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Nourishing young minds: Preventing micronutrient deficiency in children
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Nourishing young minds: Preventing micronutrient deficiency in children

With processed foods and beverages replacing healthier options, children are highly susceptible to micronutrient deficiencies that can have adverse consequences without prompt intervention

Micronutrient deficiency in children can adversely affect their growth, immunity, productivity, performance and cognitive functions

Micronutrients, as the name suggests, are required by our bodies in smaller amounts (<100 mg/day). Despite the low quantity, their role in the development of an individual, especially children, is crucial compared to their counterpart, macronutrients. Iron, calcium, iodine, zinc and vitamins (including vitamins A, B12, B9 and D) are the most common micronutrients that children need. “Micronutrient deficiencies among children can have a widespread effect on their growth [physical and psychological], immunity, productivity, performance and even cognitive functions,” explains Dr Preeti Galagali, pediatrician and adolescent health specialist, Bangalore Adolescent Care and Counselling Centre, Bangalore. Hence, it’s crucial for parents to ensure their children receive the necessary micronutrients in optimal amounts.

Micronutrient deficiency: Prevalence among children

A 17-year-long study conducted by the Global Micronutrient Deficiencies Research Group (from 2003–2019) published in The Lancet Global Health in 2022 found that more than half of preschool-aged children (6–59 months) and women of reproductive age worldwide have micronutrient deficiencies.

In India, vitamin D and B12 were second on the list (behind iron) among the most common deficiencies, as per a 2021 study. “When iron, an integral part of hemoglobin — the oxygen-carrying pigment in the blood — is inadequate, it can hamper growth, immunity and cognition in children,” describes Dr Galagali.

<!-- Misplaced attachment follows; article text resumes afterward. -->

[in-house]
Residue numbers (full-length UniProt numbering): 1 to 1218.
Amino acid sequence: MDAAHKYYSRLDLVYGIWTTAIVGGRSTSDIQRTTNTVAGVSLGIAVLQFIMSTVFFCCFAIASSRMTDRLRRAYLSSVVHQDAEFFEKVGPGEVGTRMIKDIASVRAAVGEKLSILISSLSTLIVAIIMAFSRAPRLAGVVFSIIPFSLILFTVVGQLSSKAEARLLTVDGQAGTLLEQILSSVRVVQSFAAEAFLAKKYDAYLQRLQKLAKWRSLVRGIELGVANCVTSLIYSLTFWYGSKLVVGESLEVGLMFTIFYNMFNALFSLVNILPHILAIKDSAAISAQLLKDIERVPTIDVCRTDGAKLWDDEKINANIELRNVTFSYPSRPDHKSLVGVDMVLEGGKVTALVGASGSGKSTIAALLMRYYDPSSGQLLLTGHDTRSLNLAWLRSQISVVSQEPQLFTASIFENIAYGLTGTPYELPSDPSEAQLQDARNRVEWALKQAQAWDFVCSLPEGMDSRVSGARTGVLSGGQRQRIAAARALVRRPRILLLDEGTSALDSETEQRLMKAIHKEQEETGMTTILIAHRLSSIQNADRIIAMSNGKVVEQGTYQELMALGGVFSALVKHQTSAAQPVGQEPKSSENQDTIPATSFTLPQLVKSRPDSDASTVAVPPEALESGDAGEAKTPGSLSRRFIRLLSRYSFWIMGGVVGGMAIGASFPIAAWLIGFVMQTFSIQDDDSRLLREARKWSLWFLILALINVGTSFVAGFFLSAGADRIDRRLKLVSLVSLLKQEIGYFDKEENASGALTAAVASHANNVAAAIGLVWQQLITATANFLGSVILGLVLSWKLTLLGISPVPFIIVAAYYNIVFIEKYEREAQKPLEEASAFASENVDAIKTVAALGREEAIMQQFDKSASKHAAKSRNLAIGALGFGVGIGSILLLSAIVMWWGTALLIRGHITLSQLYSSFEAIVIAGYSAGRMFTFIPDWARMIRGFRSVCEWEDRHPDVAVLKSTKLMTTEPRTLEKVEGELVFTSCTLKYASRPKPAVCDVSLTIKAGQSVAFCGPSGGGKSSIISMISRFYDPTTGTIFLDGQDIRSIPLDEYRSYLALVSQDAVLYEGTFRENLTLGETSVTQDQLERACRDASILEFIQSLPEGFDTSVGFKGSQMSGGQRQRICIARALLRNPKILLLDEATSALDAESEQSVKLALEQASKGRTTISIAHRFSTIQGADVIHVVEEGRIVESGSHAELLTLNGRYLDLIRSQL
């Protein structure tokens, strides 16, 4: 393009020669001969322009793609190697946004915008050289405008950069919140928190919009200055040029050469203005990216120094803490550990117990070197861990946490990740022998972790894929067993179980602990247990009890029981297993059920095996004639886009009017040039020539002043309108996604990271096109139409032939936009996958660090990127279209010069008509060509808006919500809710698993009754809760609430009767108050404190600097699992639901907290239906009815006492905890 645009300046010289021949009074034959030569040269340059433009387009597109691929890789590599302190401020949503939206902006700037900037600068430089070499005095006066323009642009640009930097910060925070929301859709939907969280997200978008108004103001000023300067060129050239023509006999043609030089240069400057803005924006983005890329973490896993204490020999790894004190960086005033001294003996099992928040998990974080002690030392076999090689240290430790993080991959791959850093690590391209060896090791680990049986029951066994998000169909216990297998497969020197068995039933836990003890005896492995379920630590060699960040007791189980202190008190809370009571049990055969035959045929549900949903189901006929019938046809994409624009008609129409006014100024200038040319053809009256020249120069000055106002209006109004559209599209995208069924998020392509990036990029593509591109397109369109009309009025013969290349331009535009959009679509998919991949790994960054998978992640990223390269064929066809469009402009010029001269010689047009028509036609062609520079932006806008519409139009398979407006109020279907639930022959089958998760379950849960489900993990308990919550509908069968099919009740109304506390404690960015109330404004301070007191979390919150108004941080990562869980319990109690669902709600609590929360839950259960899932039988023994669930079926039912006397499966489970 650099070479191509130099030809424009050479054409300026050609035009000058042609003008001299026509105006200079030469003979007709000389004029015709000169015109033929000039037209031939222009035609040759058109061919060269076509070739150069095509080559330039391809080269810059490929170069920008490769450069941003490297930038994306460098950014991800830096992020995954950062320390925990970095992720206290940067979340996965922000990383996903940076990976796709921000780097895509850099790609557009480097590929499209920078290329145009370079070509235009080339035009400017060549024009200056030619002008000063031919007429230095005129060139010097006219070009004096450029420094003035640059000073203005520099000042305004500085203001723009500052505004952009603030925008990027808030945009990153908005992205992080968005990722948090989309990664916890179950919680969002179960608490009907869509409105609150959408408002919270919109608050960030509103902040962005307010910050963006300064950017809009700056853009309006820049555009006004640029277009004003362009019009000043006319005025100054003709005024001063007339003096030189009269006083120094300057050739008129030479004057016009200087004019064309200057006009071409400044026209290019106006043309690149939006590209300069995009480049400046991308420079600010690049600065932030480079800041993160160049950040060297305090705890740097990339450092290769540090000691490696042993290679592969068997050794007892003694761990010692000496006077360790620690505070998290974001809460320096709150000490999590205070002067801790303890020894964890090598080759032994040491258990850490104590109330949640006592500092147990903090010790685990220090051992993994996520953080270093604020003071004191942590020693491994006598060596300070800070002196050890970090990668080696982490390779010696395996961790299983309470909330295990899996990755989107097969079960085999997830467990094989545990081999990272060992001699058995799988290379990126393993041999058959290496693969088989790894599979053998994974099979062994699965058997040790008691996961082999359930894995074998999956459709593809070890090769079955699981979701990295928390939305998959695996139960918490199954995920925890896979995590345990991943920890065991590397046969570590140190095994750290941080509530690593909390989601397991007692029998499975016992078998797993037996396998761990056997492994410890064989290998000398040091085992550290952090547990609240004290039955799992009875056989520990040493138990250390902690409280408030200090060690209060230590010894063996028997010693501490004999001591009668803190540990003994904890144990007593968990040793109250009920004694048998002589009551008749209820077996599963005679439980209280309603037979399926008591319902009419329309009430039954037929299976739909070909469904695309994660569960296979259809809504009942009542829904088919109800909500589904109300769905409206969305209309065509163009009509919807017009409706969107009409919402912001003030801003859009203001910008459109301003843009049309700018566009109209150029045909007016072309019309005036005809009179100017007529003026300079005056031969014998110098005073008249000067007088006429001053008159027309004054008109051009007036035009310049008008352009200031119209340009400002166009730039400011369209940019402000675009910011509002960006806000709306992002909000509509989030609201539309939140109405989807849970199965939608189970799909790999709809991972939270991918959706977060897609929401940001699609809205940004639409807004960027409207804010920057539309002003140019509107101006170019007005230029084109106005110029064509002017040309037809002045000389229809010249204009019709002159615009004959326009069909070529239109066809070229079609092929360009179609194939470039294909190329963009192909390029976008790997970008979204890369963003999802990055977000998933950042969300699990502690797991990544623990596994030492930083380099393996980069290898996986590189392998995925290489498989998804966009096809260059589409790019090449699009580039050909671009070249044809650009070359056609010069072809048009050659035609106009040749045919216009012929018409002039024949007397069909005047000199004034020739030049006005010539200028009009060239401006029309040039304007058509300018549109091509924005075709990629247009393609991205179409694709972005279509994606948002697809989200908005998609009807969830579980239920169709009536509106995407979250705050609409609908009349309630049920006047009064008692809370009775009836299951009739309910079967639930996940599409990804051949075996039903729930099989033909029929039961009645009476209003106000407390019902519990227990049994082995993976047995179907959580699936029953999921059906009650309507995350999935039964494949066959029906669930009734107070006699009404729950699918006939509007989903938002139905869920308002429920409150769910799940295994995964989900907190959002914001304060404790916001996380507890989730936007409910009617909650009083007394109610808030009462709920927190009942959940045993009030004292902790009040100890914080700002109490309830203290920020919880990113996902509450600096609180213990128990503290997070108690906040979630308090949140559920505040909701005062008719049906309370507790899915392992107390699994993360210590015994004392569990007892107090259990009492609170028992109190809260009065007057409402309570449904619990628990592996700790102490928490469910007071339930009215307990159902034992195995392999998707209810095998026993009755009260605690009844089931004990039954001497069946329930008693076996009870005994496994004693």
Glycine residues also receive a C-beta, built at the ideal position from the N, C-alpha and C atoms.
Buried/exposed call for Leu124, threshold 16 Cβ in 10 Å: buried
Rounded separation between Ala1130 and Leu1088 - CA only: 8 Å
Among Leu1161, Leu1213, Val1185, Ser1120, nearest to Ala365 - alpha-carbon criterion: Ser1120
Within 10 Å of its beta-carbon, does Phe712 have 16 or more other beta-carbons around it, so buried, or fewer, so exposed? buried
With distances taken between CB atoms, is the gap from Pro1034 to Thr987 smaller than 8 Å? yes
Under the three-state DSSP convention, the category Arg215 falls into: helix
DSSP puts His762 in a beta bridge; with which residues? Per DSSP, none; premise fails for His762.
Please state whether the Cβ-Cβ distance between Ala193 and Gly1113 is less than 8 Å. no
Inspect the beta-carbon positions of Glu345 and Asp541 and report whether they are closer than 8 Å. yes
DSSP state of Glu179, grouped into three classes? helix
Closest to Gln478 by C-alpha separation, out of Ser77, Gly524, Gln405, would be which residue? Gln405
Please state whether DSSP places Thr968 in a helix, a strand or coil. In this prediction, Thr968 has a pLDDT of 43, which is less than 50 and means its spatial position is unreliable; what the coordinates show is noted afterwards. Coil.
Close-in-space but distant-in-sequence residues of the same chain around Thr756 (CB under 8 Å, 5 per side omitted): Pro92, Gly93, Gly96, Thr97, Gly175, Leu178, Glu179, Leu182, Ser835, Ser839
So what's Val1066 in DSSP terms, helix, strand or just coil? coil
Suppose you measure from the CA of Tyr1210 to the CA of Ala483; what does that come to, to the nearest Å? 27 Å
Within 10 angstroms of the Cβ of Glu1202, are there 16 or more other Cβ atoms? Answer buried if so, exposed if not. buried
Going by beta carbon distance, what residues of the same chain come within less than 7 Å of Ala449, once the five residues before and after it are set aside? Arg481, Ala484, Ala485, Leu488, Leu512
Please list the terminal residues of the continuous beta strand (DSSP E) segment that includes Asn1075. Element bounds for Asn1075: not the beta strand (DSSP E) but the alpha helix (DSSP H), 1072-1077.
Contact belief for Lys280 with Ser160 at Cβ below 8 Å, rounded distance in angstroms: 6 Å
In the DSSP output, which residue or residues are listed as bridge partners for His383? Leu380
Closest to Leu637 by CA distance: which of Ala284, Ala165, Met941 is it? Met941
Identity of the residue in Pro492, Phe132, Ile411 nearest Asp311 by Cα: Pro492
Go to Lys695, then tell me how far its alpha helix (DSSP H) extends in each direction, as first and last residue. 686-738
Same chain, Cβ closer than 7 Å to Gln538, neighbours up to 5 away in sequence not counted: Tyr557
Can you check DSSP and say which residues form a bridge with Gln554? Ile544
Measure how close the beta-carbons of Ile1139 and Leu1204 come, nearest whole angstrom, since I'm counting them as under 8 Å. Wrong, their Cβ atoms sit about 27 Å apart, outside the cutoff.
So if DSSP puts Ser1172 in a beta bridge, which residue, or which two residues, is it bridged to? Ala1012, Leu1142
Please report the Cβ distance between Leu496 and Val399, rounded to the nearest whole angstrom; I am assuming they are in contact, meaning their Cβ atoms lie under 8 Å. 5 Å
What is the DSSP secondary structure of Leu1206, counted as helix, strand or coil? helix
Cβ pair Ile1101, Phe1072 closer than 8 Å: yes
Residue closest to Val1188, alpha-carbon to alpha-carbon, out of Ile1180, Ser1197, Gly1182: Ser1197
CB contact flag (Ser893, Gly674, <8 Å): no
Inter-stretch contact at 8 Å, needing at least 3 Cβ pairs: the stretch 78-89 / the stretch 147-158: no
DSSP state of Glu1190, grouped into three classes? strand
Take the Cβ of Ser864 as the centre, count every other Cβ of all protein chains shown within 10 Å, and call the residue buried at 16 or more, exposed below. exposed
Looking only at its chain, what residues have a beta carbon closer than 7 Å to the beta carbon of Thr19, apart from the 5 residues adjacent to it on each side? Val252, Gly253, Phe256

Signs and symptoms of micronutrient deficiency

Deficiencies can have physical or psychological manifestations. “For instance, when children are deficient in iron, they fail to perform well in academics, especially mathematics,” shares Dr Galagali.

Dr Tushar Maniar, HOD, centre for child health, Nanavati Max Super Speciality Hospital, Mumbai, lists the common symptoms of different micronutrient deficiencies:

  • Iron: Developmental delays, concentration issues, psychological issues and social withdrawal
  • Iodine: Stunted physical and intellectual growth and delayed sexual development
  • Vitamin A: Dry eyes, improper vision in dim light and weakened immunity leading to frequent infections
  • Vitamin D: Balance issues and weakening of bones and muscles causing pain
  • Folate: Fatigue, concentration issues, headache, irritability, open sores on the tongue and inside the mouth and color changes in the skin, hair or fingernails
  • Zinc: Frequent infections, loss of hair and appetite, slow growth, slow wound healing
  • Vitamin B12: Fatigue, headache, tingling, numbness, pale skin, pain and inflammation in the mouth and tongue, concentration issues and depression (in rare cases)
  • Calcium: Muscle cramping or a pin-and-needle sensation (in newborns), muscle weakness, fatigue and irritability

Overlapping symptoms

Sometimes, there can be overlapping symptoms from other conditions as well. Dr Maniar explains, “The common overlapping symptoms include stunted growth, developmental delays, anemia, fatigue and a weakened immune system.” These conditions can lead to skin rashes, poor wound healing, night blindness and dental problems. “A crucial overlapping symptom is depression. It can be an indicator of folate, iron or vitamin B12 deficiency,” shares Dr Galagali.

Processed foods are the culprit